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Melancholic Depression

Also known as Depression with Melancholic Features, this category describes Major Depressive Episodes where the depressed mood becomes very dark and profound, and where physically the person seems to be sickly and wasting away.  

Specifically, according to the DSM-IV-TR criteria, the person shows either or both of the following symptoms:

  • A nearly complete loss of pleasure in all areas of life
  • A depressed mood that does not brighten at all to any positive events

In addition, the person experiences three or more of the following symptoms:

  • The depressed mood is felt to be distinctly different in quality from any other kind of low mood that the person would otherwise experience, for example after the death of a loved one.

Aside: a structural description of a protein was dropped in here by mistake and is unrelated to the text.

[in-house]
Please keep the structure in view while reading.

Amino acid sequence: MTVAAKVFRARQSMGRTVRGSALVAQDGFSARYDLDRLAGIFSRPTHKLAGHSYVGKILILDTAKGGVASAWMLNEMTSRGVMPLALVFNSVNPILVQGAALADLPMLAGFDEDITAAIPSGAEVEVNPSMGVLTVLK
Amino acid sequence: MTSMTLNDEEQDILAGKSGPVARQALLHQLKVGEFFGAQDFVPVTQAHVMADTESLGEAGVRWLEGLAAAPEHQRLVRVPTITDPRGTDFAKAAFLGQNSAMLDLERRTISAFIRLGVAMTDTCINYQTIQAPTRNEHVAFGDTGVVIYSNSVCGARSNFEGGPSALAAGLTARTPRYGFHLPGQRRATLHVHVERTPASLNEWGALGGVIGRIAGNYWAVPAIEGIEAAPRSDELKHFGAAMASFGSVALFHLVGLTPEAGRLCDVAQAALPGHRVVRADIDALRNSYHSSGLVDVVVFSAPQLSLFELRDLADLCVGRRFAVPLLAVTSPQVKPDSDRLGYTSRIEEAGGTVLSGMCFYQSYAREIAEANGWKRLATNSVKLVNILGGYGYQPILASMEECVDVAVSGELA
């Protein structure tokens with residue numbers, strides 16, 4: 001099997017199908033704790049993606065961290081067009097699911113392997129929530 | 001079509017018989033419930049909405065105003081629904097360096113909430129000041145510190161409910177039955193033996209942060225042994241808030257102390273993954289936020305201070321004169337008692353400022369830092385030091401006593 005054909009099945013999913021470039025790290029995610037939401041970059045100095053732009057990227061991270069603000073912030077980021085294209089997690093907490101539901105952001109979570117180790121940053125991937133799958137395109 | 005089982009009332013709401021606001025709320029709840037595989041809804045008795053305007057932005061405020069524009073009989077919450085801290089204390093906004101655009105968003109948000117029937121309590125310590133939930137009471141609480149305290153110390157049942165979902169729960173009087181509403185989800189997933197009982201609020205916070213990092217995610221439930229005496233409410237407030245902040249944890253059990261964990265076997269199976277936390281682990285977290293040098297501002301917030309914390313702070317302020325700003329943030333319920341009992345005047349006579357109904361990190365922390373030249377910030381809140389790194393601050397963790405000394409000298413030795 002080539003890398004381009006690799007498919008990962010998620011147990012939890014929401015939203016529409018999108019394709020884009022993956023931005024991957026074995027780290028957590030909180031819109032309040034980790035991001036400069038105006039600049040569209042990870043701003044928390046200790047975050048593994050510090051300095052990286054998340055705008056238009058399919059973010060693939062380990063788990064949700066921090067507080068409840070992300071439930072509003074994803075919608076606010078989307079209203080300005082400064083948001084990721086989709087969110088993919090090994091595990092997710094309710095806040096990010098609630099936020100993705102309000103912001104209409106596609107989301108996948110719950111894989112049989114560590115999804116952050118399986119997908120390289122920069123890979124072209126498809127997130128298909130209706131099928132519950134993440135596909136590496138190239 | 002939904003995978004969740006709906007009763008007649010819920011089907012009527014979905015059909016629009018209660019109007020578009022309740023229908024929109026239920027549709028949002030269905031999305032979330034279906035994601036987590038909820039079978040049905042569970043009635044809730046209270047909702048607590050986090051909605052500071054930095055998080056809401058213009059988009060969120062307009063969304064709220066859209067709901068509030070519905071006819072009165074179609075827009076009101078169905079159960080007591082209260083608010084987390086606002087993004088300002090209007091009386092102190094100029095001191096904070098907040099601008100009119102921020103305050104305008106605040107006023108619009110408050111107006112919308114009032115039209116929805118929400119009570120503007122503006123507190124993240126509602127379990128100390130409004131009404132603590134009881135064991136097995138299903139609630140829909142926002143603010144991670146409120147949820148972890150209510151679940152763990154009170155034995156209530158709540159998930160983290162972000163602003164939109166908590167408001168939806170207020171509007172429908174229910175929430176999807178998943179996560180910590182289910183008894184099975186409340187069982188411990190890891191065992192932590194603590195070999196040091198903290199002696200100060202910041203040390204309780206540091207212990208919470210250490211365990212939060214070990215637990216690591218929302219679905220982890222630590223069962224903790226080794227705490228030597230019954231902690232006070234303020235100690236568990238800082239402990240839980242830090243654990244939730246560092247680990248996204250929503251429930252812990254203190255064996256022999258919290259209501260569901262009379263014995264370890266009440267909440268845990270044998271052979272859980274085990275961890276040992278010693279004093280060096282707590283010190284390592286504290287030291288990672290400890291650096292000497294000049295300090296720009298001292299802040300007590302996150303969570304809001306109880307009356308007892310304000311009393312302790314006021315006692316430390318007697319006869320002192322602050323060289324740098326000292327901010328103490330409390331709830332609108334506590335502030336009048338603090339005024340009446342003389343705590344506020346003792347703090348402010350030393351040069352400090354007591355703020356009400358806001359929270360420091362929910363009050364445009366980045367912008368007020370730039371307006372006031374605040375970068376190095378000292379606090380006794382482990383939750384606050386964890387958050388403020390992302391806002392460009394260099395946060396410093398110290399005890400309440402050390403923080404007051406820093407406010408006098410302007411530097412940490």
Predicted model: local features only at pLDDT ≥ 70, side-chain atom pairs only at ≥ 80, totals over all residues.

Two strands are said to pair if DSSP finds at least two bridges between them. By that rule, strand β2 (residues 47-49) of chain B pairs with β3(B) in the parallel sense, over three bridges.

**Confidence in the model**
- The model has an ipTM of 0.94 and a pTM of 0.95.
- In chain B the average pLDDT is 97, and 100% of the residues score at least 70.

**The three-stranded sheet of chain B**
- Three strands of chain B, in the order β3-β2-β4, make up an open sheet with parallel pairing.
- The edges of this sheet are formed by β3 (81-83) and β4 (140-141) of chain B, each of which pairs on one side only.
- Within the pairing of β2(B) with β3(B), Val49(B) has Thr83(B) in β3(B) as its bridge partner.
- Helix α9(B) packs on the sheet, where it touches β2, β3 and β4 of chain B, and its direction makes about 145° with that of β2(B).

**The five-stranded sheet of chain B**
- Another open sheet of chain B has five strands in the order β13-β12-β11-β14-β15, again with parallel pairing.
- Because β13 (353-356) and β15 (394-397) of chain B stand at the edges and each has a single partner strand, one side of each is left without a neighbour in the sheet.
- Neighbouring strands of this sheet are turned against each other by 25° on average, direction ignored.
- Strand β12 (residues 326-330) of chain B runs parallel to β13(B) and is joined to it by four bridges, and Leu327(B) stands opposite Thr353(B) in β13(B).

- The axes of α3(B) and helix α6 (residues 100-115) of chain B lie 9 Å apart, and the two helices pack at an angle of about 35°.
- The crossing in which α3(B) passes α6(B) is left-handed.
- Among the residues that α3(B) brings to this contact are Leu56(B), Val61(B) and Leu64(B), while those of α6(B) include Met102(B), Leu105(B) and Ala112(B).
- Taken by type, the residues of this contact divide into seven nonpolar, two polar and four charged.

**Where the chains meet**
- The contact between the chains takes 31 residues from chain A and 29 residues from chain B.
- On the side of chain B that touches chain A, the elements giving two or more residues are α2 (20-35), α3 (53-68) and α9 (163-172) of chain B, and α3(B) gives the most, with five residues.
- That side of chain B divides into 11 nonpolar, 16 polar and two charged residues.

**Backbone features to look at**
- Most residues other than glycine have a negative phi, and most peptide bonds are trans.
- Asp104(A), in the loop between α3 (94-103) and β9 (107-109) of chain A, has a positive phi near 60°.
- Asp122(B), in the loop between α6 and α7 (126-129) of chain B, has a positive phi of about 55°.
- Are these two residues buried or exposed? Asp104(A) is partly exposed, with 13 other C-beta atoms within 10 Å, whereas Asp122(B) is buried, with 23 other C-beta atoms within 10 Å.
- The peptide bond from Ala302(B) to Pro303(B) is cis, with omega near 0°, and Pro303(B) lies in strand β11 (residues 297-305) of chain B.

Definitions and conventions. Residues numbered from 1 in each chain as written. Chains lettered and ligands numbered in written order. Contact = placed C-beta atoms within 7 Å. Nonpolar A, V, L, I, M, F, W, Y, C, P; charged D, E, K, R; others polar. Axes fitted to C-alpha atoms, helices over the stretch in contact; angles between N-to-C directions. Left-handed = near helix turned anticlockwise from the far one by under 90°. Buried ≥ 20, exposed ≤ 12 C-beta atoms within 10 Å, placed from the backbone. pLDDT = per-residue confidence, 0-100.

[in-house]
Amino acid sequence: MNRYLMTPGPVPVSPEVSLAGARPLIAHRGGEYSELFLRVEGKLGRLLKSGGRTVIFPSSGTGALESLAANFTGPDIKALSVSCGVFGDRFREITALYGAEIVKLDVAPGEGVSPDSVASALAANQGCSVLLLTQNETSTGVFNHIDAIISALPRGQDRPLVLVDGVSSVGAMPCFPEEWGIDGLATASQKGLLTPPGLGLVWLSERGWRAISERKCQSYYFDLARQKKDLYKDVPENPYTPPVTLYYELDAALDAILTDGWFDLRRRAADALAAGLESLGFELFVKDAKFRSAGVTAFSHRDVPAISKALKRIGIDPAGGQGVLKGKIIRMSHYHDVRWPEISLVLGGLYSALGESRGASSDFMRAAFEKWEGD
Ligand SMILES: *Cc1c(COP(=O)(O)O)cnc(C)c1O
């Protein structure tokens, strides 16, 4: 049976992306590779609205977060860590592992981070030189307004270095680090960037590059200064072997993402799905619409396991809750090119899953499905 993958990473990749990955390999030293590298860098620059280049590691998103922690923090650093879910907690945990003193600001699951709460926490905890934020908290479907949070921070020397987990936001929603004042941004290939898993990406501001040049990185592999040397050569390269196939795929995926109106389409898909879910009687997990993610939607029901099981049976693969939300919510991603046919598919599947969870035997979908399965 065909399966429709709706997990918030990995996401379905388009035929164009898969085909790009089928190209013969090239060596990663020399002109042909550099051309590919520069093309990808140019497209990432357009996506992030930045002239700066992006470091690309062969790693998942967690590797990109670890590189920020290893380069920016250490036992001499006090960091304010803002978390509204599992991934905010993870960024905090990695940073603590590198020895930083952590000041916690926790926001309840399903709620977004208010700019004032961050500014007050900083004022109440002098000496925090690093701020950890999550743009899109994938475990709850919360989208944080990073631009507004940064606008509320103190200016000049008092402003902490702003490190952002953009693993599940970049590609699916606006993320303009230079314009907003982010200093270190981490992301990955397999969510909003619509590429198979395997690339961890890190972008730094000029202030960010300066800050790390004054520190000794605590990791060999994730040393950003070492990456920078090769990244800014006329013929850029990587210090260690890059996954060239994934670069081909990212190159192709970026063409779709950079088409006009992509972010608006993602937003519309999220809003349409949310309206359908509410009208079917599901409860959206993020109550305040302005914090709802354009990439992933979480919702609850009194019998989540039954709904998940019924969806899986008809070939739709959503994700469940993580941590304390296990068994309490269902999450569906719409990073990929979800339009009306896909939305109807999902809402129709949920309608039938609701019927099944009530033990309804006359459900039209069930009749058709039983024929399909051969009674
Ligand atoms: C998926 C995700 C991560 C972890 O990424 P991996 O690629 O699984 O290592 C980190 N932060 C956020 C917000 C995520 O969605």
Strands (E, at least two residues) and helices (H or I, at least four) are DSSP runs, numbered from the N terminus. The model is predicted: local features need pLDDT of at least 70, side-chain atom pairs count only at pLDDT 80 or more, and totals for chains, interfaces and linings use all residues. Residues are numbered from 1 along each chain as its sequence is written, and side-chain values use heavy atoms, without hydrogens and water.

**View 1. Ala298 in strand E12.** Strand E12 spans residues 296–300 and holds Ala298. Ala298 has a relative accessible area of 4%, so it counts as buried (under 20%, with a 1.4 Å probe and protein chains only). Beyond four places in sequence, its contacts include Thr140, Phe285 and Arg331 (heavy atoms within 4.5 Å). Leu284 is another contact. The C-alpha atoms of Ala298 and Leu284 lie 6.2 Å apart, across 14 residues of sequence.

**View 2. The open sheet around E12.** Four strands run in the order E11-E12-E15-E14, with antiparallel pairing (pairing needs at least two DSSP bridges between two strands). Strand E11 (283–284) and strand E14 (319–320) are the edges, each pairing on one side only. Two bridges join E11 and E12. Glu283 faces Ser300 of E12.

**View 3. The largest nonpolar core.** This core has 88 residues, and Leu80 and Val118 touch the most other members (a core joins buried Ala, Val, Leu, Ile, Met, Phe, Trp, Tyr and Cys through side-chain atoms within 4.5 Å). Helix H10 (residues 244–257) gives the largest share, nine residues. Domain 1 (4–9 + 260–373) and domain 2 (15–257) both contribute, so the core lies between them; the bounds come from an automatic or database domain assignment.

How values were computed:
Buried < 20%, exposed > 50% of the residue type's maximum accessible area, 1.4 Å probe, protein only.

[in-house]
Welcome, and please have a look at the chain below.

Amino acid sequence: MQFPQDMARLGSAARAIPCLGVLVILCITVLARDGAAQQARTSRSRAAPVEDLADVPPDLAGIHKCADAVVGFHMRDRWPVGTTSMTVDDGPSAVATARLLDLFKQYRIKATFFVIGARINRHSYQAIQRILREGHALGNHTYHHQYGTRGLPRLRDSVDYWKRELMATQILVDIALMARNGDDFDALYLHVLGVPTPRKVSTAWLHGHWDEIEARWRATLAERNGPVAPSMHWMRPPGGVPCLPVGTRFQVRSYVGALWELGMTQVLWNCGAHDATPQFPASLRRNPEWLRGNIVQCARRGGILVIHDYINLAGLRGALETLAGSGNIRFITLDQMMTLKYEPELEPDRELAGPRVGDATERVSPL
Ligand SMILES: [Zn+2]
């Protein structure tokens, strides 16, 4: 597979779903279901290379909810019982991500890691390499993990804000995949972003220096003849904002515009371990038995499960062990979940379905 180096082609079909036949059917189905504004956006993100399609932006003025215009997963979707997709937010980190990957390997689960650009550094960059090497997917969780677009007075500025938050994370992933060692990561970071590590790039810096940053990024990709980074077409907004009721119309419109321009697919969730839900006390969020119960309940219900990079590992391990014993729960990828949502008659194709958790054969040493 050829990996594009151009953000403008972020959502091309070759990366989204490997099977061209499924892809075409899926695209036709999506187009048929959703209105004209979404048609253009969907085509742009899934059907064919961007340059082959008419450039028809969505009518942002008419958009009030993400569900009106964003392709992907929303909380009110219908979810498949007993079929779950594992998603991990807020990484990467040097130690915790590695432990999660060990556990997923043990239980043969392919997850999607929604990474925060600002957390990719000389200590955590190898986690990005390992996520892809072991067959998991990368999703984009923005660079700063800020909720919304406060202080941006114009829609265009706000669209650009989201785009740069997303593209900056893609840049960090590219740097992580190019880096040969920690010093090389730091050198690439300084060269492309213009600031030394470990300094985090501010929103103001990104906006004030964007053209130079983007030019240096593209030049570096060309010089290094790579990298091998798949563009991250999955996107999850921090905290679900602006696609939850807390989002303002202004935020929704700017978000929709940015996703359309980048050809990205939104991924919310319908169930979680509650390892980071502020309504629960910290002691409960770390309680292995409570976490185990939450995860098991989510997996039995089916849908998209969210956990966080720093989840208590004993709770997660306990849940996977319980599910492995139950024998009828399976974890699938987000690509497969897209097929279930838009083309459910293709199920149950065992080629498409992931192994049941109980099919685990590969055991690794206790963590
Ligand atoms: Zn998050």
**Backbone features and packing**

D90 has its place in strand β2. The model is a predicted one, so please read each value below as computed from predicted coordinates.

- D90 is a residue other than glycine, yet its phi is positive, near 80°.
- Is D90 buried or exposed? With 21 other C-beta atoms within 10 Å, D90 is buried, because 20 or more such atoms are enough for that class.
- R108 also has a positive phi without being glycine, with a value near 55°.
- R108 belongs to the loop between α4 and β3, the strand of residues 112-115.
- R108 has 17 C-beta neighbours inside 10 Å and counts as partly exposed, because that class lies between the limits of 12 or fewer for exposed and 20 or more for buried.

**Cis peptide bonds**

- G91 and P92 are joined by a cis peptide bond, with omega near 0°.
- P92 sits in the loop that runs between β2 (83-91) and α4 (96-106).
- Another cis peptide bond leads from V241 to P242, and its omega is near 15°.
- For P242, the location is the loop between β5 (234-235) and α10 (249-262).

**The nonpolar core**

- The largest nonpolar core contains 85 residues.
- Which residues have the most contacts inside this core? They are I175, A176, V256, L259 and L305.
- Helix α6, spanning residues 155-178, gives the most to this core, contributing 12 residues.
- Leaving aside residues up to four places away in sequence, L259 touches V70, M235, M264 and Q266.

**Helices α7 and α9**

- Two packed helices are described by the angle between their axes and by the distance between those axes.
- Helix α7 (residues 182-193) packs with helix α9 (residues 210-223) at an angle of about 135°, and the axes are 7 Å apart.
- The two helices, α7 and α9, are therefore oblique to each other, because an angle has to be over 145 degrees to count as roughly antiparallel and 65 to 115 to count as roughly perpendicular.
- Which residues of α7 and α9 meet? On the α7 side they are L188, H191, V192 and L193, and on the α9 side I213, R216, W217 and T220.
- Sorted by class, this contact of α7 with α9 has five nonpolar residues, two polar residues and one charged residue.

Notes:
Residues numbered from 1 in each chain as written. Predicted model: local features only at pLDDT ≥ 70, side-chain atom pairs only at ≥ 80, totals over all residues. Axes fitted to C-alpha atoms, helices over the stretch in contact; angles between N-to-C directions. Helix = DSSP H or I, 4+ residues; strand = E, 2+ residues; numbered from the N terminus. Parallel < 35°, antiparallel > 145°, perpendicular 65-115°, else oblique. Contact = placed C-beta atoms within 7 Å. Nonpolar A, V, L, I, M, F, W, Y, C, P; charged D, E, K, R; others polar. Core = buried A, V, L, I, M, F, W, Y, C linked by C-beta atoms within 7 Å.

• The depressed mood is worse in the mornings
  • The person has early morning awakenings, where they wake up at least two hours before their usual time of waking and are unable to fall back asleep.
  • Physically, the person seems either very lethargic or very agitated.
  • The person has a significant loss of appetite and/or weight.
  • The person experiences excessive or inappropriate guilt.

Melancholic Depressions tend to be more severe, but to last for a shorter duration, than non-melancholic episodes, and are more frequent in men than women [ref]. Melancholic Depressions also seem to occur more often in the absence of any identifiable life stressors or personality issues [ref]. These kinds of episodes tend to respond less well to psychotherapy and more robustly to medications and ECT, and to be more associated with biological markers such as abnormalities on the Dexamathasone Suppression Test [ref].

 

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